Weeds can be one of the biggest challenges to successfully growing vegetables. If they are not controlled, weeds will compete for space in any vegetable garden. They will also steal water, sunlight, and nutrients from your vegetable plants.
But why do weeds grow faster than vegetables A simple explanation is that weed seeds are already in the soil when you plant your vegetables. When the temperature and moisture conditions are right, they germinate and grow. This may even be before you have sown seeds or planted vegetable seedlings. That’s why they’ve been dubbed bullies to other garden plants!
Do weeds grow faster than plants?
Weeds certainly do seem to grow faster than other plants, including home-grown vegetables. They emerge out of nowhere and, if not controlled, will take over, choking other plants that you want to grow.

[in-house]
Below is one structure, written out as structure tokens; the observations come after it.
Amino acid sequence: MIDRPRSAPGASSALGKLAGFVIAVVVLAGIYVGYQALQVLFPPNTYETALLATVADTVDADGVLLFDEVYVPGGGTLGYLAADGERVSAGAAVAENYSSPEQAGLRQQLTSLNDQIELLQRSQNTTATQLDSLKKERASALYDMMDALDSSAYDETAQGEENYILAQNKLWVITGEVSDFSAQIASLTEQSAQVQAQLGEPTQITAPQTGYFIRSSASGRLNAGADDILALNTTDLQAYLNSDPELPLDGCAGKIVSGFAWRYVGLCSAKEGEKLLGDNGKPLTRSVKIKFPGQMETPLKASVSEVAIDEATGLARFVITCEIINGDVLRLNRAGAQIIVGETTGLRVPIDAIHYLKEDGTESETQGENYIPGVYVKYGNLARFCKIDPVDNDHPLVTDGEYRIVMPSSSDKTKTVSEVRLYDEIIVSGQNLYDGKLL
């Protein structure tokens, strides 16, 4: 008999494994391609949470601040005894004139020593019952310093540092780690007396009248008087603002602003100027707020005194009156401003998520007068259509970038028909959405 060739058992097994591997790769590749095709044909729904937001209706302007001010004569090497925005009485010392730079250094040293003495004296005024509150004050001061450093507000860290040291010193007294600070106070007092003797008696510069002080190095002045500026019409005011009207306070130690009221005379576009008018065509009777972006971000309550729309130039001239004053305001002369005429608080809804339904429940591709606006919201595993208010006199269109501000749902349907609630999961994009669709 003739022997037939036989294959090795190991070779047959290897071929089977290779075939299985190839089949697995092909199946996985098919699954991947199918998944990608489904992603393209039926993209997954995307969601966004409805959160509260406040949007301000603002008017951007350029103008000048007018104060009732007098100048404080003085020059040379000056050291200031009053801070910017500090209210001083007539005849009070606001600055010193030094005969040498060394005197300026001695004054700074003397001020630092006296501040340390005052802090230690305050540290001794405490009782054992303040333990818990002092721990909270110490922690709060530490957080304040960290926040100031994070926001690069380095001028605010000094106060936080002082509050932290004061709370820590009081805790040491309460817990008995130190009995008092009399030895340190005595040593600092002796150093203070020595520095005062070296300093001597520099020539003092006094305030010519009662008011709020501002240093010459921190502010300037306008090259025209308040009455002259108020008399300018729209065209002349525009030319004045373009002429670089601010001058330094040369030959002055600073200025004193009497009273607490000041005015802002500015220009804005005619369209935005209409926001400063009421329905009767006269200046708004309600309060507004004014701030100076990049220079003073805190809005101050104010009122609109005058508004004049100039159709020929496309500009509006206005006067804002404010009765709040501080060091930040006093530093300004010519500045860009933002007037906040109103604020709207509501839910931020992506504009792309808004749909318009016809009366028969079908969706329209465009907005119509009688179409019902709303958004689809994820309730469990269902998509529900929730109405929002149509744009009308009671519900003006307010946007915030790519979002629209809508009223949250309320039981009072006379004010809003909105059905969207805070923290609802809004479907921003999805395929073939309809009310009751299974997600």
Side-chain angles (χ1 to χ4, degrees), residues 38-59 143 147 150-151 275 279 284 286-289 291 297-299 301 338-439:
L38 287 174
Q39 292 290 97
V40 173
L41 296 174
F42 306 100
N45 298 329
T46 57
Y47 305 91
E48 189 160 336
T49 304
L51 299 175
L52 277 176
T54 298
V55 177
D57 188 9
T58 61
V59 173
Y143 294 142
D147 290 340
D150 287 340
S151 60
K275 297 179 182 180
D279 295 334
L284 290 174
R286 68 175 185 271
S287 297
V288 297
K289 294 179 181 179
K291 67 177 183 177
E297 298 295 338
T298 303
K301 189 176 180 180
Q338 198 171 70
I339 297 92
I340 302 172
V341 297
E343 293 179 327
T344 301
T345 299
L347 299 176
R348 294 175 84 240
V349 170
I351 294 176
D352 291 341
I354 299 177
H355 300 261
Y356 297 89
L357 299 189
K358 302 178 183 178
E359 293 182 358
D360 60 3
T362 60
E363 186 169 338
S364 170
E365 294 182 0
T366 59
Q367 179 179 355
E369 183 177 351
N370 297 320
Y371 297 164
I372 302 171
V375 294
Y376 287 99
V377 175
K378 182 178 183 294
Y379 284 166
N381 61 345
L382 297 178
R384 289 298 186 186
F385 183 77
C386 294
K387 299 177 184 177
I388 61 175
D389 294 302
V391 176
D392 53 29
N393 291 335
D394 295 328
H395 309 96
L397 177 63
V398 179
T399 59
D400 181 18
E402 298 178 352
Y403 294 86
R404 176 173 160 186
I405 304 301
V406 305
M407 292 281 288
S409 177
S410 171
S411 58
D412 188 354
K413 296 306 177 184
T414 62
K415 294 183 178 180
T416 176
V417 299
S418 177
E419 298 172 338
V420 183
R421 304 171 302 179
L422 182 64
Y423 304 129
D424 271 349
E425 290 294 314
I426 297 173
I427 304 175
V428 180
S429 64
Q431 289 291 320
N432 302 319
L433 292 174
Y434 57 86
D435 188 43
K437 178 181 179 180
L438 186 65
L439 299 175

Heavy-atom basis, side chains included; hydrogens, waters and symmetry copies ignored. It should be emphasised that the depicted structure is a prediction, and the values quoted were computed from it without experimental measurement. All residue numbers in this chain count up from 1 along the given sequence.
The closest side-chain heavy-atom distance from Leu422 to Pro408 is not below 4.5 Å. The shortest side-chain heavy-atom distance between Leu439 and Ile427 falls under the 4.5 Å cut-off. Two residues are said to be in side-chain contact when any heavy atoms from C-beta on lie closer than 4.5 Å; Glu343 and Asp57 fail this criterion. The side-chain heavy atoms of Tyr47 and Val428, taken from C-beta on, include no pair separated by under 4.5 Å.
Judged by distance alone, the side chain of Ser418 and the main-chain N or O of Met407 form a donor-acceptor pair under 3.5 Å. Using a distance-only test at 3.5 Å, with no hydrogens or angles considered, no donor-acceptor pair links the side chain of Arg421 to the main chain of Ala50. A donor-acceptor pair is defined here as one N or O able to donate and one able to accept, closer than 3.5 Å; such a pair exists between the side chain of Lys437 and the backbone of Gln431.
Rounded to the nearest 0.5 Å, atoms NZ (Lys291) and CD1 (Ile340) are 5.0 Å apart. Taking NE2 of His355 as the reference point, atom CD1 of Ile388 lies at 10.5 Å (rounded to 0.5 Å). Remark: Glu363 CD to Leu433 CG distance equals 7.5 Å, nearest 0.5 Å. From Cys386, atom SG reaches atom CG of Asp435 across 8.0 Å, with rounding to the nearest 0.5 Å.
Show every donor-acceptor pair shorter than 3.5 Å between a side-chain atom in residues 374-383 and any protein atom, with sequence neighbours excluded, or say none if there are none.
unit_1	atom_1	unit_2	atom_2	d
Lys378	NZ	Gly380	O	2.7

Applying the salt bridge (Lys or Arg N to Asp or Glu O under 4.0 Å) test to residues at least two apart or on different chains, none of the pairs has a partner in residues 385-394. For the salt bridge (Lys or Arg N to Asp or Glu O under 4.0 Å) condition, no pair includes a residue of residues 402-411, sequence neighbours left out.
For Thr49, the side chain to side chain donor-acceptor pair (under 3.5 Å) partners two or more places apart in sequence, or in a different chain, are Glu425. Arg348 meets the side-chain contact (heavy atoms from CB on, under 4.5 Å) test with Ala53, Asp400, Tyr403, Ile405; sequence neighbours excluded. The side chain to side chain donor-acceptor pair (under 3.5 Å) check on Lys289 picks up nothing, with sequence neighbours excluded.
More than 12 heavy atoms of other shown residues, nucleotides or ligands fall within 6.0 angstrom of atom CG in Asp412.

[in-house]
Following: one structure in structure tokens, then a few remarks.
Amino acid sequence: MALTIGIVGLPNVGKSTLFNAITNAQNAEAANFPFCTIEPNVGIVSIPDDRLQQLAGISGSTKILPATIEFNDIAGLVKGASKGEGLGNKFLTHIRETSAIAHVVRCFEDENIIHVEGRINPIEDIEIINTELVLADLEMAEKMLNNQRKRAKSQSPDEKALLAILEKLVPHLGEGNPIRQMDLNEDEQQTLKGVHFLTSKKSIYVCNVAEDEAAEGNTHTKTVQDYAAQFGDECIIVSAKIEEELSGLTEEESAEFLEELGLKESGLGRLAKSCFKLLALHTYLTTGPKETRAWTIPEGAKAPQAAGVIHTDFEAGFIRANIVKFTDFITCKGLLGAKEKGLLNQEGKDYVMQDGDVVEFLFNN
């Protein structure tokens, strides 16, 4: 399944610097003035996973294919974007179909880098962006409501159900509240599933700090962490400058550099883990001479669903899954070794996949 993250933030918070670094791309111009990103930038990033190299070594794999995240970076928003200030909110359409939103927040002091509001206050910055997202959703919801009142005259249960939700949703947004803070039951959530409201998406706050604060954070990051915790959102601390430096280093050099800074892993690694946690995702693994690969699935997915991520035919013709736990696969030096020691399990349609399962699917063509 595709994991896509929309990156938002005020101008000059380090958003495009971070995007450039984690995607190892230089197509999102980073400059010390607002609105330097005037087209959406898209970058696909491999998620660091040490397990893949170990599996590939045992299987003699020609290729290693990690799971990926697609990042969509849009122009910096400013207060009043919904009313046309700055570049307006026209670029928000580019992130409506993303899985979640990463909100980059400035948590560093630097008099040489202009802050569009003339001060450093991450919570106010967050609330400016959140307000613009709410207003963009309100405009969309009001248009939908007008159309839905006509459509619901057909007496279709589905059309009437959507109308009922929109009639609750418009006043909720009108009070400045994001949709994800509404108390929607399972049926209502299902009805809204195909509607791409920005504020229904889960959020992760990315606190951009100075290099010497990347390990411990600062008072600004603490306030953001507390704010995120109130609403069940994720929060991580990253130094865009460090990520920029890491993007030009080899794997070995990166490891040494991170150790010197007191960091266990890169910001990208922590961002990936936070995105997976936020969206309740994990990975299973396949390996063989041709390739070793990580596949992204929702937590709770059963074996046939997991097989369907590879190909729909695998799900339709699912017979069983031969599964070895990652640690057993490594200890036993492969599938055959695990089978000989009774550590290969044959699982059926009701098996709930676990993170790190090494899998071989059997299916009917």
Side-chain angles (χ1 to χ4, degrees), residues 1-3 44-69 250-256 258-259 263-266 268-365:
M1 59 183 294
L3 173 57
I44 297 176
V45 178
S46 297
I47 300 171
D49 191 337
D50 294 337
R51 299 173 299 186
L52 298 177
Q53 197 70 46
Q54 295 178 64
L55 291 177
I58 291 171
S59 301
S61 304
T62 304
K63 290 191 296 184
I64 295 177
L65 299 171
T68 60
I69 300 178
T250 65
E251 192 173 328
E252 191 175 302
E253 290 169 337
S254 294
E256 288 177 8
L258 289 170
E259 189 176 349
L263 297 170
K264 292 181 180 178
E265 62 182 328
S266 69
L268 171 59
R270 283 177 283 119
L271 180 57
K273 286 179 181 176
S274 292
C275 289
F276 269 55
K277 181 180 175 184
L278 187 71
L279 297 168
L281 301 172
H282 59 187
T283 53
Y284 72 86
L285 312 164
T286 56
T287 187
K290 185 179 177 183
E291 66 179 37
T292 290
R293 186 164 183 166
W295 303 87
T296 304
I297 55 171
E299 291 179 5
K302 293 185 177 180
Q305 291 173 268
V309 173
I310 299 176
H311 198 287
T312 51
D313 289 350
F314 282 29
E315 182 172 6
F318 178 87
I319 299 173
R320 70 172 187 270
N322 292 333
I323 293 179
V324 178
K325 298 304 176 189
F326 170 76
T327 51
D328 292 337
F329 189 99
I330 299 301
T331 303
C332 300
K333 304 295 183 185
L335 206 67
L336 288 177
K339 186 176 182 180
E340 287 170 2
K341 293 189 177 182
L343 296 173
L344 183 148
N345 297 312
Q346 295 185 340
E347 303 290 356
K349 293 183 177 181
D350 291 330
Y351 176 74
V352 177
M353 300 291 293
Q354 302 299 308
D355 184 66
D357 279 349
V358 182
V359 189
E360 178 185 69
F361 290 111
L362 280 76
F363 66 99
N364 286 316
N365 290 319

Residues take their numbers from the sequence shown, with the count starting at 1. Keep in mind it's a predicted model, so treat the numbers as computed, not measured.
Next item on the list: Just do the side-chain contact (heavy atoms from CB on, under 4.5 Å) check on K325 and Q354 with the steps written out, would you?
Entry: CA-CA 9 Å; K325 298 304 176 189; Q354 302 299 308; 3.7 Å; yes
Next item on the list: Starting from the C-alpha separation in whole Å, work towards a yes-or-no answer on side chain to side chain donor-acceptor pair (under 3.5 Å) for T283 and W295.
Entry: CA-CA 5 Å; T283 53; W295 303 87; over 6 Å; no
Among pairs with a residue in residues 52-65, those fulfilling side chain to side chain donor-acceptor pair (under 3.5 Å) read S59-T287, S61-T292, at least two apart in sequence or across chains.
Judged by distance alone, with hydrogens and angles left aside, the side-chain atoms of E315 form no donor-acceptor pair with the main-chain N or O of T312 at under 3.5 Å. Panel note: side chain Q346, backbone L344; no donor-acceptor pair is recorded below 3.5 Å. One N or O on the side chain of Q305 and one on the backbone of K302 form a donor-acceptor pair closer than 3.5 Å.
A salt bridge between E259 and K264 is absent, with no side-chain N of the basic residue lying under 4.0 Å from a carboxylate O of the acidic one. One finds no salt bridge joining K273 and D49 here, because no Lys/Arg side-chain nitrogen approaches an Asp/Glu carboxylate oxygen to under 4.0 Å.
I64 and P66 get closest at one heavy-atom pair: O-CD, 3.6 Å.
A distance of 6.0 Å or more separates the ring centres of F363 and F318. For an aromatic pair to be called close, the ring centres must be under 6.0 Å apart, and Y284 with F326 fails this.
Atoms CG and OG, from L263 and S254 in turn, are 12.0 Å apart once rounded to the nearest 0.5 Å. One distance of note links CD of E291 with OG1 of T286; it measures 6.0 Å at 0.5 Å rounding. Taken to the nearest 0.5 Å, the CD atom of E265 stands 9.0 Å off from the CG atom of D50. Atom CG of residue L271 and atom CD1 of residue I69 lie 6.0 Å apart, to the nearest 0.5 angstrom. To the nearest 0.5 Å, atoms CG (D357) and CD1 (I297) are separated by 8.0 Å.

But what exactly is weed? There are many definitions, but generally, we call them unwanted plants with undesirable qualities.
Weeds are generally dominant plants that emerge in places where they aren’t wanted – and haven’t been planted. An article, Introduction to Weeds: What are Weeds and Why do we Care? by Dwight D. Ligenfelter, published on the PennState Extension website, provides more insight.
Essentially, he says, the weed is a plant that has undesirable qualities that outweigh any good points they may have. One of the not-so-secret reasons for weeds thriving is buried within their seeds.
Most weeds produce an abundance of seeds that successfully remain dormant for a very long time. But they have the ability to reproduce easily on any sites disturbed by human activities, like building or road construction.
Weeds are generally able to spread easily. Think dandelion fluff balls that contain hundreds of seeds that are spread in the wind.